Dushanbe, the capital of Tajikistan, is situated in the centre of the Hissar valley more than 800m above sea level. Until 1961 it was called Stalinabad. From the north and east it is surrounded by the foothills of the snowy Hissar range with peaks reaching 4,000m and higher, and from the south it borders the Kofarnihon River.
Situated in the largest agricultural oasis of the country, Dushanbe occupies the area along both banks of the Varzob River (called the Dushanbinka within the city), taking its waters from the snowfields and glaciers of the Hissar range, which are a part of the giant Pamir-Alai mountain system. In the Upper Varzob river-basin there are around 120 glaciers of various sizes, which create a favourable microclimate in the mountainous valley near Dushanbe. Due to the proximity of the mountains, residents of the capital do not suffer so much from heat in the hottest seasonof the year because there is usually a gentle breeze. The Varzob River generously provides drinking water, irrigation for adjacent gardens and fields, and electricity for city residents. Varzob Valley is also a popular place for recreation in both summer and winter.
The city is very green with many trees including fruit trees, sycamores, maples, chestnuts as well as mulberry- trees, oaks, and walnuts besides vines and flower gardens. Precipitation occurs mainly in the winter and spring and is highest in March and April. Snow does not usually settle and, if it does, it generally melts within a few days. In summer the area has a continental-tropical climate, with a predominance of hot and dry weather.
Autumn is considered by most to be the best season of the year since there is warm, dry weather and a rich harvest of fruit, vegetables, cotton, and other crops. Present-day Dushanbe is a young capital, being only 80 years old. It cannot be compared in age, history, or monuments to ancient cities like Bukhara and Samarqand. However, the real age of Dushanbe is a subject of scientific dispute due to the numerous finds of archaeologists, ethnographers, and historians made recently in present-day Dushanbe. These include a wedge-shaped copper axe dated 2nd millennium B.C., an elegant and splendidly-made gold and silver alloy earring, a bronzegilded part of a harness in the middle of which there is the embossment of the head of the Greek god Dionysus, and a treasure of Sasanid silver coins, all of which provide evidence that this area was already populated and that a high-level of culture, craft, and town-planning existed here almost 2,500 years ago. The first-known record about Dushanbe comes from 1676. It was called kasabai Dushanbe which shows its status as a town. It was favourably located at the crossroads of caravan routes connecting the Hissar valley with Bukhara and Samarqand, the Pamirs and Afghanistan. The word Dushanbe in Tajik means “Monday”. There was a large bazaar in the city on that day and that is why it was so named. In the 19th century it was only 272 hectares and had a population of 7-10,000. The town was also surrounded by a wall and Shohmansur Village was outside of the town. At the beginning of the 20th century Dushanbe was a small village, where several hundred people lived.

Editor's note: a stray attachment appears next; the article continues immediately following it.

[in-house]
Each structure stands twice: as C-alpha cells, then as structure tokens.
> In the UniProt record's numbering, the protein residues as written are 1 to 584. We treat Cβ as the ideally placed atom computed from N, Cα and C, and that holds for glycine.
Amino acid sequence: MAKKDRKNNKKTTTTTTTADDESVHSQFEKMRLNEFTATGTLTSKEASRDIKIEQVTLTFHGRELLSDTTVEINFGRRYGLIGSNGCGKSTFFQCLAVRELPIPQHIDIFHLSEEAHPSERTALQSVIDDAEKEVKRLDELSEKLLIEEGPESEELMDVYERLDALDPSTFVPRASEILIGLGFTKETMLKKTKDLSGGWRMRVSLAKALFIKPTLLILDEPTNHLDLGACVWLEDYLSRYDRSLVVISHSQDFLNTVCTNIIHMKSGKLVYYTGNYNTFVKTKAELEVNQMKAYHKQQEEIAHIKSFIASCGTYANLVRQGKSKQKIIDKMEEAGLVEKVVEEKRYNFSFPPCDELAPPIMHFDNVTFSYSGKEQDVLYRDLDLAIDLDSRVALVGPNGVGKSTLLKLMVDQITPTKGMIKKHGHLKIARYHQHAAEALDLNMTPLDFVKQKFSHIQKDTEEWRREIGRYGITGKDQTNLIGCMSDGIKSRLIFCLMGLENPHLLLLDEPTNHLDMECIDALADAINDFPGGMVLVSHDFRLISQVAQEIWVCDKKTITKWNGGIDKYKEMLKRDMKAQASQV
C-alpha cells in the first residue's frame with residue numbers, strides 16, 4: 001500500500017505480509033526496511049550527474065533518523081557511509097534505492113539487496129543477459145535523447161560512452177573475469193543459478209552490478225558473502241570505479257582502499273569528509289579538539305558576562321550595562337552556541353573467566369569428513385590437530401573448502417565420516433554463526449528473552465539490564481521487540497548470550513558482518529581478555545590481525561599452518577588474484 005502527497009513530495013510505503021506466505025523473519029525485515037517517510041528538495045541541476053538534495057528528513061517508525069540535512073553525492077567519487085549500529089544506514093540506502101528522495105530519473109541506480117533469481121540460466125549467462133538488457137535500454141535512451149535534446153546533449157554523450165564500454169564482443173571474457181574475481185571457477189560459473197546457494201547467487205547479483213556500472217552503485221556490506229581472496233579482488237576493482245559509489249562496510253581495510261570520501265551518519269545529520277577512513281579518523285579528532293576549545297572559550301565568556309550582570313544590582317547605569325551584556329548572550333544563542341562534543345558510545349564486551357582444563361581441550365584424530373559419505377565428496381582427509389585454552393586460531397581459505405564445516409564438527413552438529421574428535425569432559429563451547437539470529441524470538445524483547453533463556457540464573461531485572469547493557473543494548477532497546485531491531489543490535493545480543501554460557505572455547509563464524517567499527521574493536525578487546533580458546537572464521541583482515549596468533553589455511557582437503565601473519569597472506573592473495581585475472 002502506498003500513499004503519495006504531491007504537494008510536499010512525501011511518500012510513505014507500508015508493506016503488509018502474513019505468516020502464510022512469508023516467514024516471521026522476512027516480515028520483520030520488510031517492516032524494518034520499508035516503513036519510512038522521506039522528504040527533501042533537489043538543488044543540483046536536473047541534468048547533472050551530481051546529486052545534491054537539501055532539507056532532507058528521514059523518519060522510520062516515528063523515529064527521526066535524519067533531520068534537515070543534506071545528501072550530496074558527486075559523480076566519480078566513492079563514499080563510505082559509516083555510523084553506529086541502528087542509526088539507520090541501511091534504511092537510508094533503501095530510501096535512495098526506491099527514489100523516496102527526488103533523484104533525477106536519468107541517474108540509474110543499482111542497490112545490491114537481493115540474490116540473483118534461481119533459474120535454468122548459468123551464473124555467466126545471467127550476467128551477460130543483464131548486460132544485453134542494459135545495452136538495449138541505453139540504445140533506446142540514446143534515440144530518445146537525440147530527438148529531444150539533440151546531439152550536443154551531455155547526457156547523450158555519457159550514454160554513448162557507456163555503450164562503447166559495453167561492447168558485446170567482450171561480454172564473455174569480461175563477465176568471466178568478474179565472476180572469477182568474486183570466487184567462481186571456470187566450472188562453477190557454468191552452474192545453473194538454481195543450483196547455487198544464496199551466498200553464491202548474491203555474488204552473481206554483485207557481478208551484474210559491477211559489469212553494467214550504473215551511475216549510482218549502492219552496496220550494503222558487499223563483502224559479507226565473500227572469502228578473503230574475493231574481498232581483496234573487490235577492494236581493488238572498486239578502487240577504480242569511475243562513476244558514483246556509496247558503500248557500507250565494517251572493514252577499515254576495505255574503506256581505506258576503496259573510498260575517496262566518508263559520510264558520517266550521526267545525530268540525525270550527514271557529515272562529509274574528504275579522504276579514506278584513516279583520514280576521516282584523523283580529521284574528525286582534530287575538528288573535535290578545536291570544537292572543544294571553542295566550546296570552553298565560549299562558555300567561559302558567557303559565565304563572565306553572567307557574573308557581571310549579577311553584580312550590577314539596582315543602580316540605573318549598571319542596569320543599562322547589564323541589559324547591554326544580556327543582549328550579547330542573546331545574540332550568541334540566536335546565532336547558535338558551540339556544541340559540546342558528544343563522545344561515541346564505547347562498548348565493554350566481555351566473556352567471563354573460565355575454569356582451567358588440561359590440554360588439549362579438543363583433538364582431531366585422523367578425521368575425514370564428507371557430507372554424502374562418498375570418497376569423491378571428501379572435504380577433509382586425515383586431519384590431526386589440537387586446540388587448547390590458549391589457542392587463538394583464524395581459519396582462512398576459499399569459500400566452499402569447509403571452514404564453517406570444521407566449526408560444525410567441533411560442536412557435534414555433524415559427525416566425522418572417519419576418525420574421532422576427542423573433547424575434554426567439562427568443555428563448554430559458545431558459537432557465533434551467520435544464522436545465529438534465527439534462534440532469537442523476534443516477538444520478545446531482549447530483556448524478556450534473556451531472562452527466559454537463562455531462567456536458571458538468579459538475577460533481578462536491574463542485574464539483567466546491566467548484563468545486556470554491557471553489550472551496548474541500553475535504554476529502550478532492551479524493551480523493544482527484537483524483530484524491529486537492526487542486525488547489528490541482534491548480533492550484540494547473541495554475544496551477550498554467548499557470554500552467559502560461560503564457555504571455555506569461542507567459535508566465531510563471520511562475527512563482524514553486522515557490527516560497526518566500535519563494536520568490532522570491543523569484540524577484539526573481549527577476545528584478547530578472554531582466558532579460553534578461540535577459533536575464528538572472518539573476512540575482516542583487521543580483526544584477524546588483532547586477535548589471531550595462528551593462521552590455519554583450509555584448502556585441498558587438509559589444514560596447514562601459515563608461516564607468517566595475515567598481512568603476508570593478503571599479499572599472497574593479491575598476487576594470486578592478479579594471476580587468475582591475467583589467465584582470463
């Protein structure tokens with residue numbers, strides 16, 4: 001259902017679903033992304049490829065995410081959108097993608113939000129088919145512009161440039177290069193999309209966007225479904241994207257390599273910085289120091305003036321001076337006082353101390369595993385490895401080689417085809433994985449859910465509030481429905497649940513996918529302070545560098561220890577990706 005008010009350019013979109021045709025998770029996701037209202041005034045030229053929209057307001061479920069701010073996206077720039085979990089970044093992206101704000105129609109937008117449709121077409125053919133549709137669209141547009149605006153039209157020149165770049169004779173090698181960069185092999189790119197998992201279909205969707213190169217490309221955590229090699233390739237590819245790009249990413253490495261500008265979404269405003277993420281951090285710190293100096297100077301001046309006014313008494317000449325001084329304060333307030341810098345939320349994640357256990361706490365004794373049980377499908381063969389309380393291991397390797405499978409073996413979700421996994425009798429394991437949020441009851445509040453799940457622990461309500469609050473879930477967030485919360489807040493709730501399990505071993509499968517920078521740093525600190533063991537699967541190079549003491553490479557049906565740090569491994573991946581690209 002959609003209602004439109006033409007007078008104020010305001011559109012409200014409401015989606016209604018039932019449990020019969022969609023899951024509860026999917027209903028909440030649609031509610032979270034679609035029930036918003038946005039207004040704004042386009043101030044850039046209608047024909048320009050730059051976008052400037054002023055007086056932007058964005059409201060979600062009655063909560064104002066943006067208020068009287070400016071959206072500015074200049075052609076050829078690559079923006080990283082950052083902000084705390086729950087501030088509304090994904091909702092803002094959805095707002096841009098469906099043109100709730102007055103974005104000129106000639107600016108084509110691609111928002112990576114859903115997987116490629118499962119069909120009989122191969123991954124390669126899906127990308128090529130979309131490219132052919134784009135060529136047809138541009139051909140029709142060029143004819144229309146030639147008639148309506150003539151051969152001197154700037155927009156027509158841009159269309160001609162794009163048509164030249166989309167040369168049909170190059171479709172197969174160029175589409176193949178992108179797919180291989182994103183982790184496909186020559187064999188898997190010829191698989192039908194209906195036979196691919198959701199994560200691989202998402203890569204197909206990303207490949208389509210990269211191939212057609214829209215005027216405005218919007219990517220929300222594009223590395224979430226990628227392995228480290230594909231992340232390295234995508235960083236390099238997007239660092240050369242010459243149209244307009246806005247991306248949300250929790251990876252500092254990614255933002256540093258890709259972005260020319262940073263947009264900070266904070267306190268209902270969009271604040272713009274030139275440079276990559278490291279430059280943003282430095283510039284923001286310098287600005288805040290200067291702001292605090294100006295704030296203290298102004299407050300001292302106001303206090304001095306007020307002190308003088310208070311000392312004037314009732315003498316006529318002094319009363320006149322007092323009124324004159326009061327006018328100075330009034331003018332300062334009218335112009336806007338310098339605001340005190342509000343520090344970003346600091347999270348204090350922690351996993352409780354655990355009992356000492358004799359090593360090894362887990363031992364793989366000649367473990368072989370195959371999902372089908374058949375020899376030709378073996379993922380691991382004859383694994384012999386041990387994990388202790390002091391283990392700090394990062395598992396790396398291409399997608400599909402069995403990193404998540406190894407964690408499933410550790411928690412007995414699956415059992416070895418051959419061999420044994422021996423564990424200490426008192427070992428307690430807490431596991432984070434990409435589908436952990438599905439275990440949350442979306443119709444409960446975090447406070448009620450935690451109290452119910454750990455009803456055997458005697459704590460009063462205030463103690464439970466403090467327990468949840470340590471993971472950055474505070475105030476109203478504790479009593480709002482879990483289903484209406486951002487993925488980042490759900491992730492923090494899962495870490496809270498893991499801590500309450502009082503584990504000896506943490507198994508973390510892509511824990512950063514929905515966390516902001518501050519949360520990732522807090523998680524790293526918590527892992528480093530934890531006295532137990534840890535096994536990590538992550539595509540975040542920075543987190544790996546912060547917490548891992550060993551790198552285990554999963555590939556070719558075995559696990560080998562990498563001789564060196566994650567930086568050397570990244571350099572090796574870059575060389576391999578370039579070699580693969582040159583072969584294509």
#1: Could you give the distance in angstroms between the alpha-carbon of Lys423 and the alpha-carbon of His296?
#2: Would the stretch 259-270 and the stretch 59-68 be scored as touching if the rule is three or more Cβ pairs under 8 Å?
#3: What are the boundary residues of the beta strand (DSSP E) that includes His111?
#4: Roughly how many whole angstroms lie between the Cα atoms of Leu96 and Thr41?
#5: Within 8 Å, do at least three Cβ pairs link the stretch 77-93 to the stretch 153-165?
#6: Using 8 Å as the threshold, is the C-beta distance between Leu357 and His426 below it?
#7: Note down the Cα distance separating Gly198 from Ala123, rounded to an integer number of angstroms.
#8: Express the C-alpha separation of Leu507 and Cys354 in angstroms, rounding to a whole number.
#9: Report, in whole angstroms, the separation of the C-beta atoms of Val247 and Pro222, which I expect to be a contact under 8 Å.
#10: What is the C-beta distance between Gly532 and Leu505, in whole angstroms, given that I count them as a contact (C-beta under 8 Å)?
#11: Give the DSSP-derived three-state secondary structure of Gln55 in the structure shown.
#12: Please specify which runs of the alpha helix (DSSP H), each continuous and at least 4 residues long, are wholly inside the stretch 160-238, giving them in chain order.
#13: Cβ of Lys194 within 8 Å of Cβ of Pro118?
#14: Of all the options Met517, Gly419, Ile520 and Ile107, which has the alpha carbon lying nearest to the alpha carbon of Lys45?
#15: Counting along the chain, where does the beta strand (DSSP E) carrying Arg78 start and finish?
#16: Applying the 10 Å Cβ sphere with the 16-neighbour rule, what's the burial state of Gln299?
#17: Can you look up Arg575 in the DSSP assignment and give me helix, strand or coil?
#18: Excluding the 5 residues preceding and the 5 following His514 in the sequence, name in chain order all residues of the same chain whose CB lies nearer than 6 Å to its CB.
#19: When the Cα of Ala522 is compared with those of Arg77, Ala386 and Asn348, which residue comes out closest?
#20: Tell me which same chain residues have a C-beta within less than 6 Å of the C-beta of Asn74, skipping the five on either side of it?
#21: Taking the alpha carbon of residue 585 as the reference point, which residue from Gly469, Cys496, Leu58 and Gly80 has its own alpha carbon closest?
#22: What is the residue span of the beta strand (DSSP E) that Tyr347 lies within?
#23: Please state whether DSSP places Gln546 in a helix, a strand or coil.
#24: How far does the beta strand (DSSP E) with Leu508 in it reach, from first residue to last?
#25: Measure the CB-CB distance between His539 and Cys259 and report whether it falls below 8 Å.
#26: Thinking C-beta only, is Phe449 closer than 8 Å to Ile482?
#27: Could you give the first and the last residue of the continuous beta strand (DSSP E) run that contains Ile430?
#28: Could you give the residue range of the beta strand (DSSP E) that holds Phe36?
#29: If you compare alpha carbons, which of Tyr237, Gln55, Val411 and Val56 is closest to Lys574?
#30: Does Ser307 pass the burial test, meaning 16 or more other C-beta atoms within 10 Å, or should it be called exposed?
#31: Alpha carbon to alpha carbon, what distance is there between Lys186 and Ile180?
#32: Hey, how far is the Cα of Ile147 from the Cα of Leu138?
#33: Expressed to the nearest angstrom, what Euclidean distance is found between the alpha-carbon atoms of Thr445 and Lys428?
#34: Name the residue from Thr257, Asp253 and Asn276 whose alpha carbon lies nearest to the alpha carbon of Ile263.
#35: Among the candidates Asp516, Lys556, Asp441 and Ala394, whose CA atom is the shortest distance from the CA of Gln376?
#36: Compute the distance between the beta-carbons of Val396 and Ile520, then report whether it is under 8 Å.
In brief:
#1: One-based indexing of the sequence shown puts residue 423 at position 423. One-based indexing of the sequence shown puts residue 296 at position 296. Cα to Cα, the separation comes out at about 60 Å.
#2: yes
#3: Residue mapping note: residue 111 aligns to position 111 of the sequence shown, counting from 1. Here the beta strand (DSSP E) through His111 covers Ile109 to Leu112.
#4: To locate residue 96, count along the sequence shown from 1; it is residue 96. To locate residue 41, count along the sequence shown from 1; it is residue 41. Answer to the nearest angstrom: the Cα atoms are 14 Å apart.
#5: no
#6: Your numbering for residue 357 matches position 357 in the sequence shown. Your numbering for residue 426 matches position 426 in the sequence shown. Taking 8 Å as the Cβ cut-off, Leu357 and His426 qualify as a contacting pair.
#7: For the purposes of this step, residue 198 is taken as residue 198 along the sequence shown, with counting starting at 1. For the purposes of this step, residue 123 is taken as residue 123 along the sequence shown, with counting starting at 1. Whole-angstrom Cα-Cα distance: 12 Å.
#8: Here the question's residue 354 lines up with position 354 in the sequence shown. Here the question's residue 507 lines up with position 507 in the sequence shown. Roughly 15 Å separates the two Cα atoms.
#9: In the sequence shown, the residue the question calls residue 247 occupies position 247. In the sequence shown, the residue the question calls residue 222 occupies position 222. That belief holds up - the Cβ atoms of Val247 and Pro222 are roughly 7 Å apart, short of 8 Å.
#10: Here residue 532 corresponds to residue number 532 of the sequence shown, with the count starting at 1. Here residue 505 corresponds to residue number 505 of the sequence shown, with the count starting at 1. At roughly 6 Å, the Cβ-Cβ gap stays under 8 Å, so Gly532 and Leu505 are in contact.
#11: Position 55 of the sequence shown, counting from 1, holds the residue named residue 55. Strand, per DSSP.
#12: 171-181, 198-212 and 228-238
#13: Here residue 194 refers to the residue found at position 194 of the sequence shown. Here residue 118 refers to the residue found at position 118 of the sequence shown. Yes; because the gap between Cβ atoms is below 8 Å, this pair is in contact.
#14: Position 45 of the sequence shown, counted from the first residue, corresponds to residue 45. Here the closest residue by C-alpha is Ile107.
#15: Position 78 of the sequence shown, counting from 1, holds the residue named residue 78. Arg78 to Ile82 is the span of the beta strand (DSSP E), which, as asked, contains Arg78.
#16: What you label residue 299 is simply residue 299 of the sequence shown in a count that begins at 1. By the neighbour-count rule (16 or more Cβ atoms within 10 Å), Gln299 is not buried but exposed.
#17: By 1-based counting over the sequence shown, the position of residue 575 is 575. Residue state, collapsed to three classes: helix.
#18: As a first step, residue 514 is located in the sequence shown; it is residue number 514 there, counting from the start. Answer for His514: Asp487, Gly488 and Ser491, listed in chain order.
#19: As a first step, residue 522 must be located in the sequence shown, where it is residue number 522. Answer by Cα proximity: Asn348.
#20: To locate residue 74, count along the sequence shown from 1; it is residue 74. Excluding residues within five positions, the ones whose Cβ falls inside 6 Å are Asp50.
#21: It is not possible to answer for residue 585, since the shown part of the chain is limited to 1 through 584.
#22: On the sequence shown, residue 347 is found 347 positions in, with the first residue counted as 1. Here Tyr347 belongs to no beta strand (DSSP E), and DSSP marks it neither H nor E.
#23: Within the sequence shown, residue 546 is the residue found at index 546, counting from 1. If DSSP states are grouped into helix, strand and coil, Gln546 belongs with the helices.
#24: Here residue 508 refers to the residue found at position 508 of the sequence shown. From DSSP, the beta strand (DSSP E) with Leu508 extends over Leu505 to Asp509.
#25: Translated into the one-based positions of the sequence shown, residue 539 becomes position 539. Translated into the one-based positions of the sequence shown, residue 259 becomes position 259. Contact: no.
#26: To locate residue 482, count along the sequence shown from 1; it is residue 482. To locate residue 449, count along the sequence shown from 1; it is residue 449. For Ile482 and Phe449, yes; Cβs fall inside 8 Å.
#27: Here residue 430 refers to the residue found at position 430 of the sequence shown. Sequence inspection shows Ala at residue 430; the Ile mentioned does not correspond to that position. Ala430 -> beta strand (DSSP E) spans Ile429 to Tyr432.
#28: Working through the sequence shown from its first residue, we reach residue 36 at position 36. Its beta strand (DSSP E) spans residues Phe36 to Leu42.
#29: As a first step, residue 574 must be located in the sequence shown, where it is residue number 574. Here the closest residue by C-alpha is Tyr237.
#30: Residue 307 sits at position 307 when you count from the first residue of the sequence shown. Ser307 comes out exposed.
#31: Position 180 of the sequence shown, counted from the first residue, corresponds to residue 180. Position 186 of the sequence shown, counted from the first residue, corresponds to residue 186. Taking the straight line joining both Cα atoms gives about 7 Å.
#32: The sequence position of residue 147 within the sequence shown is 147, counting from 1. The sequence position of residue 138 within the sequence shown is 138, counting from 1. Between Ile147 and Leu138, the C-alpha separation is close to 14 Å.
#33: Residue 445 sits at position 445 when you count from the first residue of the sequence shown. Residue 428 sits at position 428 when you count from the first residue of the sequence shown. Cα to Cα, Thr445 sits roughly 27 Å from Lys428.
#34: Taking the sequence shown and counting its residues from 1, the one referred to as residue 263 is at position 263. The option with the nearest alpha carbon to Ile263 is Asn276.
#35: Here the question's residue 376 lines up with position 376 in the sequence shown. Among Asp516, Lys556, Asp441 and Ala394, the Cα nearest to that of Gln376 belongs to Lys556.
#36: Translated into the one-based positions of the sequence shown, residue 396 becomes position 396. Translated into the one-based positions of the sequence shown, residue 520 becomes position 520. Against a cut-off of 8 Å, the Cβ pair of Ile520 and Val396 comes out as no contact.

Later Sary-Osiyo and Shohmansur villages joined the conurbation. In the whole of Dushanbe there was only one oil street lamp, located in the bazaar square. The Russian officer, B. Litvinov, in the 1904 edition of “Historical Bulletin” magazine wrote: “Currently, Dushanbe represents a poor Hissar town, stretched along the Varzob River with slightly more than 500 households, mostly Tajiks. Poor clay-walled buildings and walls alternate with great orchards. At the edges of the town, the houses are covered with a cane-span roof like in the villages. As for the centre, near the part-destroyed clay-walled fortress, the houses are cleaner…” In 1924 in Dushanbe there were 42 small houses and several hundred residents and neither electricity nor a water supply system; river water was delivered in sheep skins. The first diesel power-station for 200 street lights was built in the city in September 1924. Dushanbe’s rapid growth began in 1929, when the Tajik Soviet Socialist Republic was founded. At that time it covered an area of only 5 hectares. The first paved street was then laid in Dushanbe and a mill, a soap factory, an oil factory, a cotton-cleaning plant, and a metal-working-mechanical and joiner’s workshop began functioning. The same year a film studio was opened in Tajikistan’s capital and the first documentary produced there recorded the arrival of the first train in Dushanbe from Termez by railway, which was built in 1929. Production of movies also began in Dushanbe in 1932. The first water supply system (about 4km long) was built in the city in 1931. Two passenger buses ran in the town. All goods, including construction materials, were delivered by camel. In 1929 Dushanbe was renamed “Stalinabad”, the name by which it was known for the following 32 years.
The first hydropower station in the country was built on the outskirts of Dushanbe on the Varzob River and the capital was provided with electric light. In 1938 the first General Development Plan was developed for the city, whose population was now 170,000. In accordance with this plan, the Opera and Ballet Theatre, Vakhsh Hotel, the House of Government, the House of Specialists and a number of other beautiful buildings were built, which still today, after many decades, decorate the capital of Tajikistan against a background of snowy mountains and blue sky.
World War II prevented further construction. In the post-war period construction of administrative and apartment buildings began on a large scale. Wide avenues emerged in the city along which, the Firdausi Public Library, the National museum, the National Bank, the Exhibition of National Economy Achievements, the Palace of Culture, movie theatres, Hotel Dushanbe and Hotel Tajikistan, a bus terminal, a railway station, the airport, and multi-storey apartment blocks were built. At the same time the city became more industrialised. More than 100 industrial enterprises were put into operation in the capital, which produced about 60 types of items including looms, refrigerators, cotton and silk fabrics, hydro-equipment for agricultural machinery, knitwear, apparel, leather goods, and many other goods that were exported to more than 50 countries.